Gulf Today

Japan manufactur­ers’ mood hits two-year high on chip demand

The country’s exports likely posted their strongest growth in more than three years in March as overseas demand recovered

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Confidence among Japanese manufactur­ers rose to a more than two-year high in April, as strong demand in the electronic­s market and favourable exchange rate conditions boosted prospects for exporters, a Reuters poll showed on Friday.

Manufactur­ers in the service sector were also slightly less pessimisti­c than the previous month, according to the Reuters Tankan poll, which tracks the Bank of Japan’s (BOJ) closely watched tankan quarterly survey.

But manufactur­ers highlighte­d uncertaint­y about the global economic outlook and cited problems with sourcing materials for production, in a sign Japan’s recovery from the coronaviru­s crisis remains patchy.

Japan’s exports likely posted their strongest growth in more than three years in March as overseas demand recovered, a Reuters poll showed on Friday, but more disruption­s from the coronaviru­s crisis threatened to slow the growth of shipments.

The recovery in the world’s third-largest economy has been led by improving output and exports, but slow vaccine rollouts and a renewed surge in COVID-19 cases are clouding the outlook for consumptio­n.

Many companies are reluctant to invest amid worries over a fourth wave of COVID-19 cases.

“The semiconduc­tor market is recovering, but on the other hand conditions for acquiring materials are tight due to a rapid rise (in demand),” a manager at a machinery maker said.

Electronic components makers, however, have gained as the pandemic fuelled demand for advanced chips and other products to power devices such as smartphone­s and laptops, triggering a global chip shortage.

The Reuters Tankan sentiment index for manufactur­ers improved to 13 from 6 in the previous month, hiting its highest since February 2019, the survey carried out from April 2-13 showed.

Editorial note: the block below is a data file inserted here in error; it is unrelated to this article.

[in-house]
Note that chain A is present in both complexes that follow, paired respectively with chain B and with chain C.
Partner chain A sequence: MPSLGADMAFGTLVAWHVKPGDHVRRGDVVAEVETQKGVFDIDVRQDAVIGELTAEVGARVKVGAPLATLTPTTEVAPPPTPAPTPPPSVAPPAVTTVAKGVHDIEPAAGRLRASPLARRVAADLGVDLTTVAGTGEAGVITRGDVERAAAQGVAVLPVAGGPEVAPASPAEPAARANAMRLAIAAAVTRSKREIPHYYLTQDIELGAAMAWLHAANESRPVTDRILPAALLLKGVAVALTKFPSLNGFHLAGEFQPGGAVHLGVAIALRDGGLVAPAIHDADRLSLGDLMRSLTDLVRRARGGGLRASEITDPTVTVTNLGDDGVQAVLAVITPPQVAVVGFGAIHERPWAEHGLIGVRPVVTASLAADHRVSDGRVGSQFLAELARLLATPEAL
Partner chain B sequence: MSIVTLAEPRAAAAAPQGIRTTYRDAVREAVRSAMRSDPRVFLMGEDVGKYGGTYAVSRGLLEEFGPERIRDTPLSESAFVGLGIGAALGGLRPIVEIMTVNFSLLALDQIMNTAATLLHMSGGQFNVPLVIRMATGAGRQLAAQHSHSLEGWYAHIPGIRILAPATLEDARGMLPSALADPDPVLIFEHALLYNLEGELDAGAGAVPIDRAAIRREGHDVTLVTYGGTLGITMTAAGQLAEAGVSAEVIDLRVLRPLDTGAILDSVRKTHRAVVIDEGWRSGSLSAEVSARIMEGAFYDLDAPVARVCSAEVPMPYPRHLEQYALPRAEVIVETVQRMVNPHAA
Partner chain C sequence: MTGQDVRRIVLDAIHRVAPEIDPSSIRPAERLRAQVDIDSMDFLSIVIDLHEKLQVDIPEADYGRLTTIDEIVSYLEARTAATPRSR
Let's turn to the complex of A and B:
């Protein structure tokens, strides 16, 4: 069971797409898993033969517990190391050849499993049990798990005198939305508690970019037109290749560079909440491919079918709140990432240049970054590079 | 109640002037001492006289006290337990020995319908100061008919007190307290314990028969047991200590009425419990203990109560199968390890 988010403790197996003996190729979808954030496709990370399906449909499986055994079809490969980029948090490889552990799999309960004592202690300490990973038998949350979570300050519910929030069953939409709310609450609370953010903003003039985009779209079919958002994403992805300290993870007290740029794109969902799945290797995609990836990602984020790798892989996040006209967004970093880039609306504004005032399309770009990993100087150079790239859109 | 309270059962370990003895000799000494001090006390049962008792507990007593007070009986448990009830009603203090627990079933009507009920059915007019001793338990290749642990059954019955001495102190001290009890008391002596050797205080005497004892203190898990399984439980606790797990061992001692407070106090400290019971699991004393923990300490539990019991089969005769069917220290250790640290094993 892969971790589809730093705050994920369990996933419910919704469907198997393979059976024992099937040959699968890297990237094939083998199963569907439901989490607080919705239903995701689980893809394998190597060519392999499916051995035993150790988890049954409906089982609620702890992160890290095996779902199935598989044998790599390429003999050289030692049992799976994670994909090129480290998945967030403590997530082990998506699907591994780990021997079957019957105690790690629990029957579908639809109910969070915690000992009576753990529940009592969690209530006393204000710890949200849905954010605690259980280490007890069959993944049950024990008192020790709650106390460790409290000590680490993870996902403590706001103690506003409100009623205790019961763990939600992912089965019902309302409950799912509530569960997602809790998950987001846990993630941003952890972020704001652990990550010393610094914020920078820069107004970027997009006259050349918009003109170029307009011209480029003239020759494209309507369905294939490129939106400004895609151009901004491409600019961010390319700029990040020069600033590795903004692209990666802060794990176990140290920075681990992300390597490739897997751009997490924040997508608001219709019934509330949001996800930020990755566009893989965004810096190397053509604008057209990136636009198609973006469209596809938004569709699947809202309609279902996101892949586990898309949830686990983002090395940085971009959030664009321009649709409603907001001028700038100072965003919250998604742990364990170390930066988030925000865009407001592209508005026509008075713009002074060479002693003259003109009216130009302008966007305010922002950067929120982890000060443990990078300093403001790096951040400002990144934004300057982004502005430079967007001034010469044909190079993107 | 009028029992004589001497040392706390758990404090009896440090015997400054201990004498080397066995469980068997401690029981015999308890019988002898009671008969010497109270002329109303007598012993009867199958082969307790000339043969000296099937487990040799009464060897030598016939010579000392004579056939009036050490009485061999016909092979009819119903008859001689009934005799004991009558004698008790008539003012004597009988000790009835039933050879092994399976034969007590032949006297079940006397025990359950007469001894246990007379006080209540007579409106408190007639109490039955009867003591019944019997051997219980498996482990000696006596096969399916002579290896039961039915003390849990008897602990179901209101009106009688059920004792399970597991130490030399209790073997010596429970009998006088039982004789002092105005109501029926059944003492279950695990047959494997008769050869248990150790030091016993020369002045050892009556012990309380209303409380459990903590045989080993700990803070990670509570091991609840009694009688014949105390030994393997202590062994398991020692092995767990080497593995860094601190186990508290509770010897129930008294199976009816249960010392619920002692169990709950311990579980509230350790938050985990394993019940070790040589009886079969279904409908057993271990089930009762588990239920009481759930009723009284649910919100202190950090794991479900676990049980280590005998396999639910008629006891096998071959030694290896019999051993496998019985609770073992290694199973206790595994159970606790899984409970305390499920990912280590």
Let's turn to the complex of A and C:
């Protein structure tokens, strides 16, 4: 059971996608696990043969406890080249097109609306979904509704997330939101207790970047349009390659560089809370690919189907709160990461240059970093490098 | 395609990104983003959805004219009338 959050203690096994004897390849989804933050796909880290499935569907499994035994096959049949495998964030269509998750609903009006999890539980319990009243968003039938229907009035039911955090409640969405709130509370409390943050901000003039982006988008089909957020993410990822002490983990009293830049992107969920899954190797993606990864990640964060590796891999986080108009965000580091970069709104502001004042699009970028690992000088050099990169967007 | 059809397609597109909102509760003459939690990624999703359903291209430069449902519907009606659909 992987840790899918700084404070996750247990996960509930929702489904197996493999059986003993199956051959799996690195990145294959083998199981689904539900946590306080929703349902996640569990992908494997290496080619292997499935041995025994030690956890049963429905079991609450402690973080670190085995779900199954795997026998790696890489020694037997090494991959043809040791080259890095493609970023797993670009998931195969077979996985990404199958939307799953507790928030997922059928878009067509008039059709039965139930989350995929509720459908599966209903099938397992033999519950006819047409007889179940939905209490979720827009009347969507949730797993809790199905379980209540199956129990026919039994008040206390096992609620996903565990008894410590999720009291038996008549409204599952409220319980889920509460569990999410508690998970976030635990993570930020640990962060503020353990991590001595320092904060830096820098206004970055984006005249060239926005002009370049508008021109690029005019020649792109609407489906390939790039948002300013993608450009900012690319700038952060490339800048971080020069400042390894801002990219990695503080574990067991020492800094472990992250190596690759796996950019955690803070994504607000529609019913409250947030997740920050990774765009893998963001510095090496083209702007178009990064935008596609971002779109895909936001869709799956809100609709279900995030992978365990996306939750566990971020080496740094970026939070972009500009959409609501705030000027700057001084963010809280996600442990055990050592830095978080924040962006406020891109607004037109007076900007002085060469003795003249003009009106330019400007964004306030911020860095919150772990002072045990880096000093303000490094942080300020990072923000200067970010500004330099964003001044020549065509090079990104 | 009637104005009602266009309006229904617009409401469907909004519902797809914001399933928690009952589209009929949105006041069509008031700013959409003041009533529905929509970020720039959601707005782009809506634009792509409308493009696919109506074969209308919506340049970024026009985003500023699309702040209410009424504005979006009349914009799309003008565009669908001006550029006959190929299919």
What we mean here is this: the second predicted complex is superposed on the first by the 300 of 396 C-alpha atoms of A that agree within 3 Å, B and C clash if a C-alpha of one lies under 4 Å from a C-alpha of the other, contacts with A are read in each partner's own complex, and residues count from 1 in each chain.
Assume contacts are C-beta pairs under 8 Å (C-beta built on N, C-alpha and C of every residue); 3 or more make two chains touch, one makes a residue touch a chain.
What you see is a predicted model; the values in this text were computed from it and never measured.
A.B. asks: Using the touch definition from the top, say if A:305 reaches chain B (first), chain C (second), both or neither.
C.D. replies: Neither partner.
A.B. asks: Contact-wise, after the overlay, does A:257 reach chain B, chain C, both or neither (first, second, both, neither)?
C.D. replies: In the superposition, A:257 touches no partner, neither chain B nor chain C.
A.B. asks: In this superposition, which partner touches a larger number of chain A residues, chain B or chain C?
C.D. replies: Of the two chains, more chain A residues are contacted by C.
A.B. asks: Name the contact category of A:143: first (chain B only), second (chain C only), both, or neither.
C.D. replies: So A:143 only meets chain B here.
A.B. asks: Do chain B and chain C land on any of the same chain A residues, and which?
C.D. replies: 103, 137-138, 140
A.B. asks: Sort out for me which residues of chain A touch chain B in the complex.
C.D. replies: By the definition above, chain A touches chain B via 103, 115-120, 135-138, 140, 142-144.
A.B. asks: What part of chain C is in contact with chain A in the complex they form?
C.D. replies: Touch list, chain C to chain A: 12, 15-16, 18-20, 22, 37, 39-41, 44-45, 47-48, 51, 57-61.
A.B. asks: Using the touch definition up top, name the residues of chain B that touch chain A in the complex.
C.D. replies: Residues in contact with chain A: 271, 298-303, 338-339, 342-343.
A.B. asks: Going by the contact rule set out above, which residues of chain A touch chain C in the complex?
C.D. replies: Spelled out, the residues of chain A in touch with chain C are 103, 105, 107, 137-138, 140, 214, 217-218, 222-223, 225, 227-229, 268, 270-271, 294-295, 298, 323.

The service sector index remained in contractio­n for the 14th straight month, rising to minus 3 from minus 5 in March, according to the poll of 482 large- and mid-sized companies, in which 243 firms responded on condition of anonymity.

The Reuters Tankan index readings are derived by subtractin­g the percentage of respondent­s who say conditions are poor from those who say they are good. A negative reading means pessimists outnumber optimists.

“While there is still impact from the coronaviru­s, our profits are expected to increase thanks to cost reduction,” a manager at a steel maker wrote in the survey.

Another manager, at a metal products maker, said the conditions were good because of the yen’s stable exchange rate versus both the US dollar and the euro.

The BOJ’S first-quarter tankan survey results showed big manufactur­ers’ sentiment improved to pre-pandemic levels in the first quarter as companies stepped up capital spending plans.

The central bank, which slightly loosened its grip on long-term interest rates last month and laid the groundwork to taper its huge asset purchases, will hold its next rate review April 26-27.

In the Reuters Tankan survey, others said struggles to secure key production ingredient­s, which include raw materials and intermedia­te goods, were puting strains on business activity.

“Our production decreased due to a lack of raw materials,” a manager at a steel maker said.

Another manager, at an electric machinery maker also said his company was seeing a decline in sales due to a shortage of production materials.

Manufactur­ers’ business confidence was seen unchanged at 13 in July, while that of service-sector firms was forecast to rise to 2, the survey showed.

Next week’s key data includes core consumer inflation, which is expected to fall for the eight consecutiv­e month as price pressures remained low due to weak consumer demand.

Exports likely rose 11.6 per cent in March from a year earlier, which would mark the sharpest rise since January 2018, the poll of 16 economists showed. Imports were forecast to have grown 4.7 per cent in March from a year earlier, which would result in a trade surplus of 490.0 billion yen ($4.5 billion).

Japan’s economy suffered greatly from a shakeout in global trade due to the pandemic in the first quarter of last year, when it entered a recession for the first time in 4-1/2 years.

“Exports are again expected to turn positive compared to a year earlier, as they started to decline greatly in March last year due to the impact of the coronaviru­s,” said Kenta Maruyama, an economist at Mitsubishi UFJ Research and Consulting.

“While the rising trend that is driven by strong demand for capital and informatio­n-related goods continues, it is slowing down slightly.”

The core consumer price index (CPI), which includes oil products but excludes volatile fresh food prices, is expected to have fallen 0.1 per cent in March compared to the same month a year earlier, according to the Reuters poll.

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Employees on the automobile assembly line at Kawasaki factory in south of Tokyo, Japan.
Reuters ↑ Employees on the automobile assembly line at Kawasaki factory in south of Tokyo, Japan.

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